Author Archive

Hurricanes and Home-Building in If I Survive You

Jonathan Escoffery’s debut novel shows us how the people of Miami try to survive both the day-to-day obstacles and the hurricanes that threaten to destroy their houses, their jobs, their city, before they can even turn it into the home they want.

Punch Me Up to the Gods’ Letter to the Past, Present, and Future

Brian Broome’s 2021 memoir is a letter to Black boys and Black men who have been “molded, not with fingers but with punches.”

Boomerang / Bumerán’s Exploration of the Importance of Writing

Immediately after opening Achy Obejas’ 2021 collection we see how she undertakes the mission of writing words that could still save her, us, our world.

Writing Death

“I never got the privilege to grow old with, or even get a chance to say a proper goodbye to, Pompilio or HS, and they never got to see some of the beautiful things I’ve somehow managed to. But writing about death lets me take my ghosts with me.”

The Pleas of Green: Sighs of Our Ailing Planet

Niyi Osundare’s newest collection of poetry lets the earth speak. He shows us how the planet is ailing via the direct address and the personification of the environment, forcing us to consider how we might help protect Earth from those who are killing it.

Ariel Francisco’s Poetry as Documentation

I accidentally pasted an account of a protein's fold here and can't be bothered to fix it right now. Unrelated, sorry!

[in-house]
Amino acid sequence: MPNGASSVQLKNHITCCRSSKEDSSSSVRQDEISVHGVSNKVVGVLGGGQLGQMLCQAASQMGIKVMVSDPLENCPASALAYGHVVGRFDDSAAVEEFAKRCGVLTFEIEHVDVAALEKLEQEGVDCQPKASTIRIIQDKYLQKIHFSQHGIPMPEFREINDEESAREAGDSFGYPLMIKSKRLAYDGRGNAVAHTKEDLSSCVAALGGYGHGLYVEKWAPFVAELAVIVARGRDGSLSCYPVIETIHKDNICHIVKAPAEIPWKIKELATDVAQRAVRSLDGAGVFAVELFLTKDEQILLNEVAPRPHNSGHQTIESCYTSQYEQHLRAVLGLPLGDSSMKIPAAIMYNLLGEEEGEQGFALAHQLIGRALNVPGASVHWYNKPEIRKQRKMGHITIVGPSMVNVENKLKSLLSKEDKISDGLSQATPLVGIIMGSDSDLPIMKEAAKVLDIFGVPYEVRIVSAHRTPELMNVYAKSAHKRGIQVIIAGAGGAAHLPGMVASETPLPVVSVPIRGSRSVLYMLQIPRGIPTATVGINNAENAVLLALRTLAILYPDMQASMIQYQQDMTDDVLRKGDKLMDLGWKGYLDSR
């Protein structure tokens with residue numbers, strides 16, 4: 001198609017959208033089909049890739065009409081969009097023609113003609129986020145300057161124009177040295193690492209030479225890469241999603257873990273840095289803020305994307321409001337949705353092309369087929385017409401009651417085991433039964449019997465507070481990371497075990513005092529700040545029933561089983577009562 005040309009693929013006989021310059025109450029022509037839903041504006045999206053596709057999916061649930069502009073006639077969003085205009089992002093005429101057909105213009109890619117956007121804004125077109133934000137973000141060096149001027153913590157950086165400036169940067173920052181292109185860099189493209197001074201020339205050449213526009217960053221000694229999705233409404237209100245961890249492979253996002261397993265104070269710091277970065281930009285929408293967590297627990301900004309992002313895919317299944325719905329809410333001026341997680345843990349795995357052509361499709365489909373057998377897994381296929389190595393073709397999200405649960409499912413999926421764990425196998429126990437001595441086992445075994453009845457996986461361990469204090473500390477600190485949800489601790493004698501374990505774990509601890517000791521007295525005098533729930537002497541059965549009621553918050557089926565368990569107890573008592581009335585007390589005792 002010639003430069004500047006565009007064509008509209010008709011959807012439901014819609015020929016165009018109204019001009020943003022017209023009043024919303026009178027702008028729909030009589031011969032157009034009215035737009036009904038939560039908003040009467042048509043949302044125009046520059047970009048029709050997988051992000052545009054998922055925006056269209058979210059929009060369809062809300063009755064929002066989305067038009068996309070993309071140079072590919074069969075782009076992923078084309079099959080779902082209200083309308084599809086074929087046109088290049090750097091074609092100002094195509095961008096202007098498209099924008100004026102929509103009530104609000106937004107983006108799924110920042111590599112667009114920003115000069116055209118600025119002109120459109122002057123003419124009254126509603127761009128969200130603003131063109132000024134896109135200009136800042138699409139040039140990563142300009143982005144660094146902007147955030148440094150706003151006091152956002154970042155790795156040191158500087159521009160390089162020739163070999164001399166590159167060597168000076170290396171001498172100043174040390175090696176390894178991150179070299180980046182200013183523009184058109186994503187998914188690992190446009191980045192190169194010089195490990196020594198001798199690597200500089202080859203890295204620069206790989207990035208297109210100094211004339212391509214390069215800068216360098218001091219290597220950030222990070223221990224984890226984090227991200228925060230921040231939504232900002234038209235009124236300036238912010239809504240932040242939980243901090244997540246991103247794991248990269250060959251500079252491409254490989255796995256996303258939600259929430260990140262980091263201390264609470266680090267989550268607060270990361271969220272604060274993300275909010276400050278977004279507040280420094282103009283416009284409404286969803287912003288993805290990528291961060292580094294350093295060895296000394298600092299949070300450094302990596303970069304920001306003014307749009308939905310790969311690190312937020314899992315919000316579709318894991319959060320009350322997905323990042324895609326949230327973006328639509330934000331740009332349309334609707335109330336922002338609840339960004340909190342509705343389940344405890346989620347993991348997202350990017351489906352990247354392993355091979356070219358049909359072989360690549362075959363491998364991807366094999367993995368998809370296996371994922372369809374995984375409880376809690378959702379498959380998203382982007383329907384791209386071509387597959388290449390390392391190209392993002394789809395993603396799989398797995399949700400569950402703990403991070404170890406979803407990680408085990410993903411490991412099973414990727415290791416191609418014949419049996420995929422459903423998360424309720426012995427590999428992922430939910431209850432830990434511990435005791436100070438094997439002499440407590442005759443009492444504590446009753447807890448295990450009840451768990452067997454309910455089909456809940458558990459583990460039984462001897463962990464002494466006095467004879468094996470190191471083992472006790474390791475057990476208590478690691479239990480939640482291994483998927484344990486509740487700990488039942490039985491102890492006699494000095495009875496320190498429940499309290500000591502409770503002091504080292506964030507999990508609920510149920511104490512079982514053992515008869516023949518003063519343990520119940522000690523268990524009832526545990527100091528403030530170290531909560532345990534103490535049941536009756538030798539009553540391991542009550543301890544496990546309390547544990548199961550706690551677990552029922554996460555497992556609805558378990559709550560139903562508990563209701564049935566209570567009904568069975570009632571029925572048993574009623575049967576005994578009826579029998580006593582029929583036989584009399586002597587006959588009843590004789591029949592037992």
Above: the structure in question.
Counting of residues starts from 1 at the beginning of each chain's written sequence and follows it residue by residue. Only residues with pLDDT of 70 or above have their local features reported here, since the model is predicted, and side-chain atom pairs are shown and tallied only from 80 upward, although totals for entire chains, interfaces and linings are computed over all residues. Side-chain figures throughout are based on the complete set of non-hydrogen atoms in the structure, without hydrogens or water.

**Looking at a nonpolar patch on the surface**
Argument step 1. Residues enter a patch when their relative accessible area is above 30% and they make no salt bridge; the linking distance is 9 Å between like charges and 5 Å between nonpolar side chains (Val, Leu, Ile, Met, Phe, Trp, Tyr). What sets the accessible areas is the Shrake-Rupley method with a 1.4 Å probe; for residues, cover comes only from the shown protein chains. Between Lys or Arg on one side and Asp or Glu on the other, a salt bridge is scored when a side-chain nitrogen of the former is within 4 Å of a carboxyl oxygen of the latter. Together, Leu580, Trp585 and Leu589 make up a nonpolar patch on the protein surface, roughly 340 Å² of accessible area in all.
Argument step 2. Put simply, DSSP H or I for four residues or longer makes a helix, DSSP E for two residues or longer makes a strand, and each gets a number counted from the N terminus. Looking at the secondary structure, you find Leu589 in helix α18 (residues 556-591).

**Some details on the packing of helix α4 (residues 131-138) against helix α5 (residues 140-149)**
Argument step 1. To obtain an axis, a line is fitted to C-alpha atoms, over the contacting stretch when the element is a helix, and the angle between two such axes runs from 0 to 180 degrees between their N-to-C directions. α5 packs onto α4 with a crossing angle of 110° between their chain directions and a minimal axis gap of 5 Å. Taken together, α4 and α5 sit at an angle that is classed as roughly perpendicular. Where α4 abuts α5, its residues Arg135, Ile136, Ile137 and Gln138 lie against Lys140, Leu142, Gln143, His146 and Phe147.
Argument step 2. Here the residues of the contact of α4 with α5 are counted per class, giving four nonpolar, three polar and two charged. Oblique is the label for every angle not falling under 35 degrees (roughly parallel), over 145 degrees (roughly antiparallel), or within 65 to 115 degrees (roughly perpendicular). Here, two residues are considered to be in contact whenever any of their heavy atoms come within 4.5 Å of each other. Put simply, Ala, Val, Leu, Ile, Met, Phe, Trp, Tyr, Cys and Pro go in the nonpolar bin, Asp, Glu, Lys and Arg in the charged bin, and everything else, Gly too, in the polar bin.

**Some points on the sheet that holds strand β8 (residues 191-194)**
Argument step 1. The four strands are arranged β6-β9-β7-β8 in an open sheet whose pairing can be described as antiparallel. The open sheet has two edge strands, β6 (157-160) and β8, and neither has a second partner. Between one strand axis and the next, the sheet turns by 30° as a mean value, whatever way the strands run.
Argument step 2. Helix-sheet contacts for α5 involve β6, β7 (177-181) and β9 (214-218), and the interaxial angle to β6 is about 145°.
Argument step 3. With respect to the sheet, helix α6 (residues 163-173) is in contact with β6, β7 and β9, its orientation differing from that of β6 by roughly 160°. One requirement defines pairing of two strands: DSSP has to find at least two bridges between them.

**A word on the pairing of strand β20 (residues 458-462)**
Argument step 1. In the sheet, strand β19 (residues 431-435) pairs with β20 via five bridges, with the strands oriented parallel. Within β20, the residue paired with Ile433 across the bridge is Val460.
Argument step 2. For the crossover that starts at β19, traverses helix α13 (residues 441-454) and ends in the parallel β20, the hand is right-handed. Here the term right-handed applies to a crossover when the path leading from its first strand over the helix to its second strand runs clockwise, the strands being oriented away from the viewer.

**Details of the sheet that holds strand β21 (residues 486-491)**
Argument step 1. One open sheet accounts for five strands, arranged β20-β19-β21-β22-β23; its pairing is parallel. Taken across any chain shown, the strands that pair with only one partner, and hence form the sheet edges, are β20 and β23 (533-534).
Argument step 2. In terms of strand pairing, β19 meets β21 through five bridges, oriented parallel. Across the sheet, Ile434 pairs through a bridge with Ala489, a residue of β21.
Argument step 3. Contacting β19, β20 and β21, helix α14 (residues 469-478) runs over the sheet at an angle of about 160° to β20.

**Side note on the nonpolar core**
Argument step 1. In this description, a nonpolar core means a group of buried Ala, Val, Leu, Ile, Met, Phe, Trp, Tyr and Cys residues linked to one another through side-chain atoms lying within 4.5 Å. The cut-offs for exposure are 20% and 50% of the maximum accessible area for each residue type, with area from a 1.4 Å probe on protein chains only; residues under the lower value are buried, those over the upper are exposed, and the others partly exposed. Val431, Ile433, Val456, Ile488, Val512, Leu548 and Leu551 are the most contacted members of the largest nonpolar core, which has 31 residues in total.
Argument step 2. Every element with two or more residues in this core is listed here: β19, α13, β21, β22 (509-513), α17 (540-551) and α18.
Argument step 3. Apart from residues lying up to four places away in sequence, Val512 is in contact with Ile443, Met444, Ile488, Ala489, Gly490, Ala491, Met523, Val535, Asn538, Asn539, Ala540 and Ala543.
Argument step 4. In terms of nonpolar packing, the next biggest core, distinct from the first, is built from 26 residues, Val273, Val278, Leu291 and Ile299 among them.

Governments may want people to provide documentation proving that they are, in fact, people, but poets provide documentation for the people. It is the poet’s job to document the moments that would otherwise be lost—to document moments for the people.

Finding Home in An American Sunrise

Joy Harjo’s 2019 collection accesses the painful memories and losses that so many of her people have suffered. But the strength of her poetry goes beyond just recounting the pain.

Solmaz Sharif’s Look and the Reclamation of the Stories of Those Redacted and Erased

While Solmaz Sharif’s poems tackle large subjects that concern large populaces, you can also see the power of the personal in her work. In fact, it is her personal journey that makes her 2016 collection universal: the closer you get to a subject, the more universal it becomes.

Milk Blood Heat’s Dreams Lost

Dantiel W. Moniz’s stories explore characters dealing with the loss of the people they share a home with; we see how their subsequent isolation and retreat to the worlds in their heads forms a connective tissue with the loves they’ve lost—and can result in the losing of oneself.

Community and Junk Food in Christopher Gonzalez’s I’m Not Hungry But I Could Eat

In Gonzalez’s book, we see characters going out to eat with each other, enjoying “junk” food that may be bad for them because it is the food they know, the poison they enjoy. In a world that poisons them daily, enjoying a meal with a friend is the best